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Happy Bodhi Day

sb10065458e-001Today we remember the Buddha’s enlightenment underneath the Bodhi tree: as the morning star rose, he realised perfect dharma. With one hand he reached down and touched the Earth, a gesture I take to be of gratitude, of recognition of support, of dependence.

He set out to look deeply into suffering, and to find an end to suffering. He was inspired both by the suffering he found in the world, and also by the grace he had seen and experienced, that grace that was embodied by the sadhu who was ‘the fourth sight’, and by his own experiences in meditation.

On the night of his enlightenment, the arrows which Mara sent to the Buddha, transformed into flowers: hate became love. The Buddha awoke and embodied loving kindness, compassion, insight, energy and steadiness in the face of life’s troubles. He saw what usually provokes anger, or hate, or greed, and felt love instead.

He fell into the noble life, and suffering fell away.

Most Buddhists aspire to walk the noble path in the way the Buddha walked it: to learn to embody what he embodied, and for their own suffering to fall away.

As Pureland Buddhists our emphasis is in seeing that we are received by this vision. That if we had come into the company of Shakyamuni Buddha, he would have loved us in the way he loved the world. And that the spirit of all the Buddhas, manifesting as Amida Buddha, sees us and loves us in that way today.

We are of samsara, and we are received by the vision of the Buddha, and carried into nirvana.

Namo Amida Bu

Inspired by faith

the chanting team

the chanting team

We’ve just had a wonderful Bodhi gathering here at Amida Mandala. Many traditions have a practice period leading up to the 8th Decemeber, when we celebrate the Buddha’s enlightenment. Here, we had a three day retreat at the weekend, including a six hour nembutu chant, teachings, poetry and art workshops and sharing good food and company.

We’ll upload a longer post with some more detail soon, but I wanted to share with you the talk from Friday morning, in which Kaspa set out the theme of inspired by faith.

Listen/download mp3

Namo Amida Bu

Two brand new short talks

mandalaIn the first talk, Satya talks about how our relationship with the material world is transformed  through faith, and in the second, Kaspa picks up on some of the themes from his longer talk Buddhism Inside Out and talks about the relationship between our faith, and what we do, moment to moment. You can download the mp3 files below, or stream them from our YouTube channel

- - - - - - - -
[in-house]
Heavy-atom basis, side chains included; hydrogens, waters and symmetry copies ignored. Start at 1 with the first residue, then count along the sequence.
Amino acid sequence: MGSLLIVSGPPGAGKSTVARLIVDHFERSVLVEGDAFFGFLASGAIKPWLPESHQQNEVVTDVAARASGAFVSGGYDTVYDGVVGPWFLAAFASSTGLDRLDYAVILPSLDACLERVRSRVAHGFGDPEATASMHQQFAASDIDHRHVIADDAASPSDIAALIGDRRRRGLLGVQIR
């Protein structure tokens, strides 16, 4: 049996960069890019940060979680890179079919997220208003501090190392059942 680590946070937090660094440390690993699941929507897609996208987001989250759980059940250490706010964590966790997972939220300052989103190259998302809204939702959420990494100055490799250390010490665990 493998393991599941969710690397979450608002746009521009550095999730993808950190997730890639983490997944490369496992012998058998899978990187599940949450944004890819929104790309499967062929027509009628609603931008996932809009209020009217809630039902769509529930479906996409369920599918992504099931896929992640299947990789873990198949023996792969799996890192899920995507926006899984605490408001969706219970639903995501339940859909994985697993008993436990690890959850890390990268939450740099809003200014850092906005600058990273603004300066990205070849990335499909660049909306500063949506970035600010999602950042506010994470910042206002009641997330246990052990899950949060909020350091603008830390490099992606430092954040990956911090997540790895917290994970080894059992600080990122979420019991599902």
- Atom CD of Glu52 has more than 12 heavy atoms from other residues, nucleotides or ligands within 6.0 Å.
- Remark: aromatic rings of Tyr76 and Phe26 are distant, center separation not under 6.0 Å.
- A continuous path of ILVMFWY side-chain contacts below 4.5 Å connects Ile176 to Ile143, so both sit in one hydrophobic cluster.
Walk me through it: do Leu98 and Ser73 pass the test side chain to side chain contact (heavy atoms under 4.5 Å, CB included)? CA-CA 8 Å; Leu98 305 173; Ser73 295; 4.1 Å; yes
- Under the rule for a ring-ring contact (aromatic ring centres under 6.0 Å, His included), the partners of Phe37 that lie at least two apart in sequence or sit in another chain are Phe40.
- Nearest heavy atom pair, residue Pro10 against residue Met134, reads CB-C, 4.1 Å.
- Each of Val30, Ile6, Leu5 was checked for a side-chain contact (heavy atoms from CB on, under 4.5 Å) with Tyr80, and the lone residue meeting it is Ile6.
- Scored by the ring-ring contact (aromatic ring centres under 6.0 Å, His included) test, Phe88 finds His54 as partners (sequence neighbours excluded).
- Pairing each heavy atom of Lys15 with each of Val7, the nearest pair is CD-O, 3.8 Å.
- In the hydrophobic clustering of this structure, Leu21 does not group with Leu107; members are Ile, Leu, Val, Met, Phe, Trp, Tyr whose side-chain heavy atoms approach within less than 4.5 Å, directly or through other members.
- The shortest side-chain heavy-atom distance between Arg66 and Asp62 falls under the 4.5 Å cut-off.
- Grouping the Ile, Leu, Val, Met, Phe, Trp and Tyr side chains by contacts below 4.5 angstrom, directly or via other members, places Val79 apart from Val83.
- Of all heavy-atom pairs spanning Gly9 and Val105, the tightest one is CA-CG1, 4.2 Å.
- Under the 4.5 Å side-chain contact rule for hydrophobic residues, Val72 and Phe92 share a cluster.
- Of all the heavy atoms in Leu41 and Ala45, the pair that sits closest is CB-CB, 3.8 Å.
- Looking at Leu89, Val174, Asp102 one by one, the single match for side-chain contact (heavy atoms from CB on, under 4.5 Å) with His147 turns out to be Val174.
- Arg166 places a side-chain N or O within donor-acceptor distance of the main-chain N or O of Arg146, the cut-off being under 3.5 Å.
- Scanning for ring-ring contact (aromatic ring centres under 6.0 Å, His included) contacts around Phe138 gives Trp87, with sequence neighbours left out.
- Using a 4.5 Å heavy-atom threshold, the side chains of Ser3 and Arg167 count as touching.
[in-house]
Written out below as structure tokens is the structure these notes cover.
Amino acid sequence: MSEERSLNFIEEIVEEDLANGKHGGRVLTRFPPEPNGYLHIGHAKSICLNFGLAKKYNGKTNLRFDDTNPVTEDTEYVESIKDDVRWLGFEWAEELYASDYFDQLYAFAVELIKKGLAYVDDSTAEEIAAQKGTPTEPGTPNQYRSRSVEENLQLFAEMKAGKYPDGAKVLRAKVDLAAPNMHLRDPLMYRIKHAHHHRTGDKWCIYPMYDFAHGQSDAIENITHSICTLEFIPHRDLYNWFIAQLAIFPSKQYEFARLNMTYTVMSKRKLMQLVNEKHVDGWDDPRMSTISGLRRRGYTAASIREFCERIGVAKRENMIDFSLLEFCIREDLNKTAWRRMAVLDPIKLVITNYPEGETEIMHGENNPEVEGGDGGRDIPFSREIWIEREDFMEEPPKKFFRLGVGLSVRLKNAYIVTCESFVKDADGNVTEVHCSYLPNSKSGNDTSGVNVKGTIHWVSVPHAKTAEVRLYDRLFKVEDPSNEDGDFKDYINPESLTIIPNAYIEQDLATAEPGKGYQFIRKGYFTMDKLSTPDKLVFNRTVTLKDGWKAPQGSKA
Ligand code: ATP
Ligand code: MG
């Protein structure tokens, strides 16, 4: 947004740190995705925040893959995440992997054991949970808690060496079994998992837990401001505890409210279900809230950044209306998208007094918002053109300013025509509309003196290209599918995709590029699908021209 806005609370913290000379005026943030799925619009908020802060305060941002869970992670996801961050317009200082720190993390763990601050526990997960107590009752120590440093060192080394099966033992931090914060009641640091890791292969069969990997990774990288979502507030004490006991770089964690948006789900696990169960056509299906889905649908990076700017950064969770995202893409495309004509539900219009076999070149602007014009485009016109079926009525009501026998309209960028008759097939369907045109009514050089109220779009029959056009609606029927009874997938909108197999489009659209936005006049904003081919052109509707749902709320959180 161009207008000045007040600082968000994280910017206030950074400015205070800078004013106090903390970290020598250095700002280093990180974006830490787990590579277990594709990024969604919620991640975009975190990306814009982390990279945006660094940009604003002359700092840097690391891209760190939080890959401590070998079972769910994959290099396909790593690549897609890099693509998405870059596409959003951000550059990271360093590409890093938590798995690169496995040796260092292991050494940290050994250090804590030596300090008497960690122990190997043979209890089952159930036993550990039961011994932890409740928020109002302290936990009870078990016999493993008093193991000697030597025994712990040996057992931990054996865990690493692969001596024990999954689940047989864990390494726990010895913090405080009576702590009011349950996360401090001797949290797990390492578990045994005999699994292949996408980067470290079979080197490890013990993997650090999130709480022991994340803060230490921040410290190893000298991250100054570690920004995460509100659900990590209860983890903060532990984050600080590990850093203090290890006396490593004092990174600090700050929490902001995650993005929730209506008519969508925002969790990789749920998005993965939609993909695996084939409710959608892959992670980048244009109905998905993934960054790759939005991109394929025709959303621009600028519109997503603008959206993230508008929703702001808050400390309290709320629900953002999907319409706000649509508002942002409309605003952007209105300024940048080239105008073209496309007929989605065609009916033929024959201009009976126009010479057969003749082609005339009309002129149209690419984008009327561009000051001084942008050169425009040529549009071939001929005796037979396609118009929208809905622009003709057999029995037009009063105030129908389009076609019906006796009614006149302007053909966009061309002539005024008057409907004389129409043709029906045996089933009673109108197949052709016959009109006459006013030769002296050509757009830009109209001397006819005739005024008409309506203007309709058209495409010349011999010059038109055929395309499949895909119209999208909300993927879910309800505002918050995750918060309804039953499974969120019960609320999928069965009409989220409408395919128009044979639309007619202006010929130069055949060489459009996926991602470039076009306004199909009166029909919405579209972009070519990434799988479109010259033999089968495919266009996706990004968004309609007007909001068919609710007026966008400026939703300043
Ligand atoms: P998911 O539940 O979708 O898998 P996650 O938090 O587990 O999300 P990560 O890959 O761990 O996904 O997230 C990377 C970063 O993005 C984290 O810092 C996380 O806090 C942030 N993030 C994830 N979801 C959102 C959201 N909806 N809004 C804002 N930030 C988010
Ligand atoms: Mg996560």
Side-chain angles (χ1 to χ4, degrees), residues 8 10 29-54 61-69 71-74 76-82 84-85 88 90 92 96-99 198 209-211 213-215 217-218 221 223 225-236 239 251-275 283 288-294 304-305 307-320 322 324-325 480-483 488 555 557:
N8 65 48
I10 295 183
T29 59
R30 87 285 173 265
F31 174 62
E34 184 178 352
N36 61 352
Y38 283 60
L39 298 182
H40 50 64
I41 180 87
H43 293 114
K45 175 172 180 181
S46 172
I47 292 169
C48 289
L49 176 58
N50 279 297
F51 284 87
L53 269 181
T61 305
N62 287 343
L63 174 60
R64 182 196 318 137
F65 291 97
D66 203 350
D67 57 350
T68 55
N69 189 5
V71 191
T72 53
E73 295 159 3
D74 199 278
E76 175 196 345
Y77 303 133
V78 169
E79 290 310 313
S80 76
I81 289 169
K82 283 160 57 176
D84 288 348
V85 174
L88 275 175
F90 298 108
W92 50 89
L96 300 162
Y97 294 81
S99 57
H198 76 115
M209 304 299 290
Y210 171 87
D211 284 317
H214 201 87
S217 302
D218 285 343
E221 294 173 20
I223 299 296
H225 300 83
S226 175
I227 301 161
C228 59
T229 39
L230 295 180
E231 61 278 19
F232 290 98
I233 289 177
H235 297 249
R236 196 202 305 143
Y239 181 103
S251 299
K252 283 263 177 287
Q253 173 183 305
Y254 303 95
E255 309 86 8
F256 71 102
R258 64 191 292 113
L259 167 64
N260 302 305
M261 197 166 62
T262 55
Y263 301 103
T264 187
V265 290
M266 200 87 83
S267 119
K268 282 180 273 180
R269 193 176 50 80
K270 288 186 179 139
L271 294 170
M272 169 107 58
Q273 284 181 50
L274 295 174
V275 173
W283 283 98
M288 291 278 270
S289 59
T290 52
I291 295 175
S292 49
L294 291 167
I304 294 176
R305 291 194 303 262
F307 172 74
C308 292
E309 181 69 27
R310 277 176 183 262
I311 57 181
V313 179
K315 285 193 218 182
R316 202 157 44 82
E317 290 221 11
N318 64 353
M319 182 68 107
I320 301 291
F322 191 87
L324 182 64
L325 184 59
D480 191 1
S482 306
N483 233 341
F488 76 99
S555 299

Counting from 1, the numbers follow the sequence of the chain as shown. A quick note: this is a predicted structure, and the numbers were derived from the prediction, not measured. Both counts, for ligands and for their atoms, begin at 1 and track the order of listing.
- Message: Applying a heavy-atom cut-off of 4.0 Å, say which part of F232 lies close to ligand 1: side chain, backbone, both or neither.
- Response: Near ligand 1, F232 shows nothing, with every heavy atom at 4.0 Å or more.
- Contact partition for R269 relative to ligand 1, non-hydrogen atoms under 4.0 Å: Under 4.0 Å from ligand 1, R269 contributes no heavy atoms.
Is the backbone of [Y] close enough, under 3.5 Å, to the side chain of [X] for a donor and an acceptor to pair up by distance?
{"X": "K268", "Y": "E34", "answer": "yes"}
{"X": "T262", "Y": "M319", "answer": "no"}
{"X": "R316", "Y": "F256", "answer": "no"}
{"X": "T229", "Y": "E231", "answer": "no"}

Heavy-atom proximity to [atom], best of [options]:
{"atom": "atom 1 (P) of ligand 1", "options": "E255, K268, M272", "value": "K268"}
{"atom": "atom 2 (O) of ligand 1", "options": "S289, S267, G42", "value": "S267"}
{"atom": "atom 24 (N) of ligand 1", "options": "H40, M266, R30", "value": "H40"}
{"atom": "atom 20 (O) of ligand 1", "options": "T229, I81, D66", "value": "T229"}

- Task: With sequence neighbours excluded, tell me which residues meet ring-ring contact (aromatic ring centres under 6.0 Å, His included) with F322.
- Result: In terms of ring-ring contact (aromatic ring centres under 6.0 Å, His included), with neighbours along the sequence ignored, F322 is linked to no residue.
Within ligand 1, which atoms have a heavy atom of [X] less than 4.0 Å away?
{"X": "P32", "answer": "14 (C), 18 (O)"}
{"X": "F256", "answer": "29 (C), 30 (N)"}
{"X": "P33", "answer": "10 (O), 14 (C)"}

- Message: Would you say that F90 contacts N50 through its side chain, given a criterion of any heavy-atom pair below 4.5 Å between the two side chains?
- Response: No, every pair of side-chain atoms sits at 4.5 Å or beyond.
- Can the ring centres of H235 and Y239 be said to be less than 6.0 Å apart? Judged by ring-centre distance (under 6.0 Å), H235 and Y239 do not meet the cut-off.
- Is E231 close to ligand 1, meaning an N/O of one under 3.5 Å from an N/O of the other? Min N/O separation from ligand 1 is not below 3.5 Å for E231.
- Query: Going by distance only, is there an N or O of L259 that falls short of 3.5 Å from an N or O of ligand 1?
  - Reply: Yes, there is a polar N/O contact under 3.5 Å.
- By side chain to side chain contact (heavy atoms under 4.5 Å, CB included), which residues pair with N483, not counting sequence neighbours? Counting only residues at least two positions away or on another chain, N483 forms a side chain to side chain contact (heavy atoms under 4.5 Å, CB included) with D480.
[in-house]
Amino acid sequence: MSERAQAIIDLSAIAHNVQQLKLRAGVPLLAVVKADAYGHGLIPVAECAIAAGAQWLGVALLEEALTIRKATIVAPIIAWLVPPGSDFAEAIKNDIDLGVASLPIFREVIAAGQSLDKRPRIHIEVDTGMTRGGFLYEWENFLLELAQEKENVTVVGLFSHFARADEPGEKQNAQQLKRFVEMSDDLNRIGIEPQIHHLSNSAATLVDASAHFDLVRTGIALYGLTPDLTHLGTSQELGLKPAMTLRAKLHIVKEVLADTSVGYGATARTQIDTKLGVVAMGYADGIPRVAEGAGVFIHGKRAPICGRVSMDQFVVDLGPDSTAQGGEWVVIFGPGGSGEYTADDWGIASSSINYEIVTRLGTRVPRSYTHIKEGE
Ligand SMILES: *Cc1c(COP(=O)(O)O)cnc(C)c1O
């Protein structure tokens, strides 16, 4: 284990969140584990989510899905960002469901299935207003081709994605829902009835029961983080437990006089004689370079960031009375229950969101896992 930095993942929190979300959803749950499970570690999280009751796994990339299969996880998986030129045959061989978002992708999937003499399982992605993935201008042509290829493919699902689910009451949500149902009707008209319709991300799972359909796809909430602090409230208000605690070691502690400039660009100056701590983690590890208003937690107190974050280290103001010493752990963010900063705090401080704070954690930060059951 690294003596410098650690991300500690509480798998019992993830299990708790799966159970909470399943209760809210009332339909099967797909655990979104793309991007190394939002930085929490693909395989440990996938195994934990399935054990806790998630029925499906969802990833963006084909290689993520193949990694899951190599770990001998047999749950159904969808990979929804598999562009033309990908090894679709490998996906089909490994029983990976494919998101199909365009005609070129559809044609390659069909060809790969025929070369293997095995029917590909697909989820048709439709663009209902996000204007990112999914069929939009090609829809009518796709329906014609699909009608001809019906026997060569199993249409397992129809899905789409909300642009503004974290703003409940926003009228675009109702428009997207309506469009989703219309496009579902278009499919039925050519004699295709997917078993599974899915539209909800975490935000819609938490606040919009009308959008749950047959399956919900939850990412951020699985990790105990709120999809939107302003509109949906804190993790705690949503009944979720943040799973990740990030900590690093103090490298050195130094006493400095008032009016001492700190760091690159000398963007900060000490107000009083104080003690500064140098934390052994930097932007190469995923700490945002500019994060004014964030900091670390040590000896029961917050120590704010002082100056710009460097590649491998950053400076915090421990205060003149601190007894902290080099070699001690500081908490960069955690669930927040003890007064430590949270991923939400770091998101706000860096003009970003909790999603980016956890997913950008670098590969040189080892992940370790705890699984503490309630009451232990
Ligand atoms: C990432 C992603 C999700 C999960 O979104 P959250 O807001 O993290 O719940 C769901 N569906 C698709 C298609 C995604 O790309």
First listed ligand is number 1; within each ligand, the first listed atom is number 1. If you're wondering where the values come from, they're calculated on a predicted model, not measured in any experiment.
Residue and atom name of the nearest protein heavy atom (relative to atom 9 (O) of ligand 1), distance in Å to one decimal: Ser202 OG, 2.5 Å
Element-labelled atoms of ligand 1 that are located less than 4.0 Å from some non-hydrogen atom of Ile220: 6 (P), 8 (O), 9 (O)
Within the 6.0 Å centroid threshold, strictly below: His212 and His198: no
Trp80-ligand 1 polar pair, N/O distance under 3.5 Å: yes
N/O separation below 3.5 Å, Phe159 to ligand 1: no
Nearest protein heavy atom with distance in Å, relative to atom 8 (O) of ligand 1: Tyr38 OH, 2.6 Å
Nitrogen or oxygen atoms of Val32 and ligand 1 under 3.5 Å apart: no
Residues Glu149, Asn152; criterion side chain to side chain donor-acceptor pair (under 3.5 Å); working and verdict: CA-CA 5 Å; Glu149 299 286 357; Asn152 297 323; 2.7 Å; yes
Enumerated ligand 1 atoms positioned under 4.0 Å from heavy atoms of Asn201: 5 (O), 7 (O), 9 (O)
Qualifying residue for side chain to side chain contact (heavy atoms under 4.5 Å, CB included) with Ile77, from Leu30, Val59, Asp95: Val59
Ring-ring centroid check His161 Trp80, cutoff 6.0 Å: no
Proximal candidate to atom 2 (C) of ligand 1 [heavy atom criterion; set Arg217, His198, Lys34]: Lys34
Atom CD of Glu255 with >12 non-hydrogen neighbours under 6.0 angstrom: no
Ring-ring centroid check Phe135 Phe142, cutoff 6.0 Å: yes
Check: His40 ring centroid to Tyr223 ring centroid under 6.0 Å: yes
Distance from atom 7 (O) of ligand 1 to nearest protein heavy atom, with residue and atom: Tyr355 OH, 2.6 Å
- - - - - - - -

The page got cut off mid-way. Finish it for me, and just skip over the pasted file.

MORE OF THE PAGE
• 28/9/16 – Satya – The Secular becomes Sacred
  • 16/10/16 – Kaspa- Faith and Action

Bow to everything

Image by Tatters via Flickr

Image by Tatters via Flickr

Another beautiful, wet, day in Malvern.
Holy rain, holy mud, holy birdsong, holy floods, as Alan Ginsburg might say.
Here we are in the midst of samsara, and the Buddha’s light is shining on everything.
Everything is lit up with universal love. Everything is reflecting sacred light. This is why we should bow to everything.
As foolish beings we need shrine rooms, and Buddha statues, and thangkas to remind us that the light is here, and to bow to it.
“Namo Amida Bu” means I bow to the Buddha of infinite light. If could see with enlightened eyes, we would see everything glowing.
I recently heard a Japanese expression, ‘plank person’ (I can’t remember the Japanese word, right now). A plank person is someone carrying a plank of wood over one shoulder. There is always a blind spot. We are like this – there is always a blind spot – always somewhere we forget the light is shining.
If we can remember to bow to everything, we should. When we forget, when we fall into rushing or stupor, we should do our best to remember the Buddha’s light and start bowing again.
Sometimes we will remember, and sometimes we will forget. Either way – everything is illuminated.
Namo Amida Bu

The Great Way Avoids Picking and Choosing

In this short talk from our Sunday Service, Kaspa explains what The Great Way avoids picking and choosing means.

Download the mp3 or stream on YouTube

“I am talking about the first few lines of the Zen poem, Faith in Mind. They go something like this:

至道無難 The best way is not difficult

唯嫌揀擇 it only excludes picking and choosing

但莫憎愛 Once you stop loving and hating

洞然明白 it will enlighten itself.

I hope to make a translation myself soon, that translation is from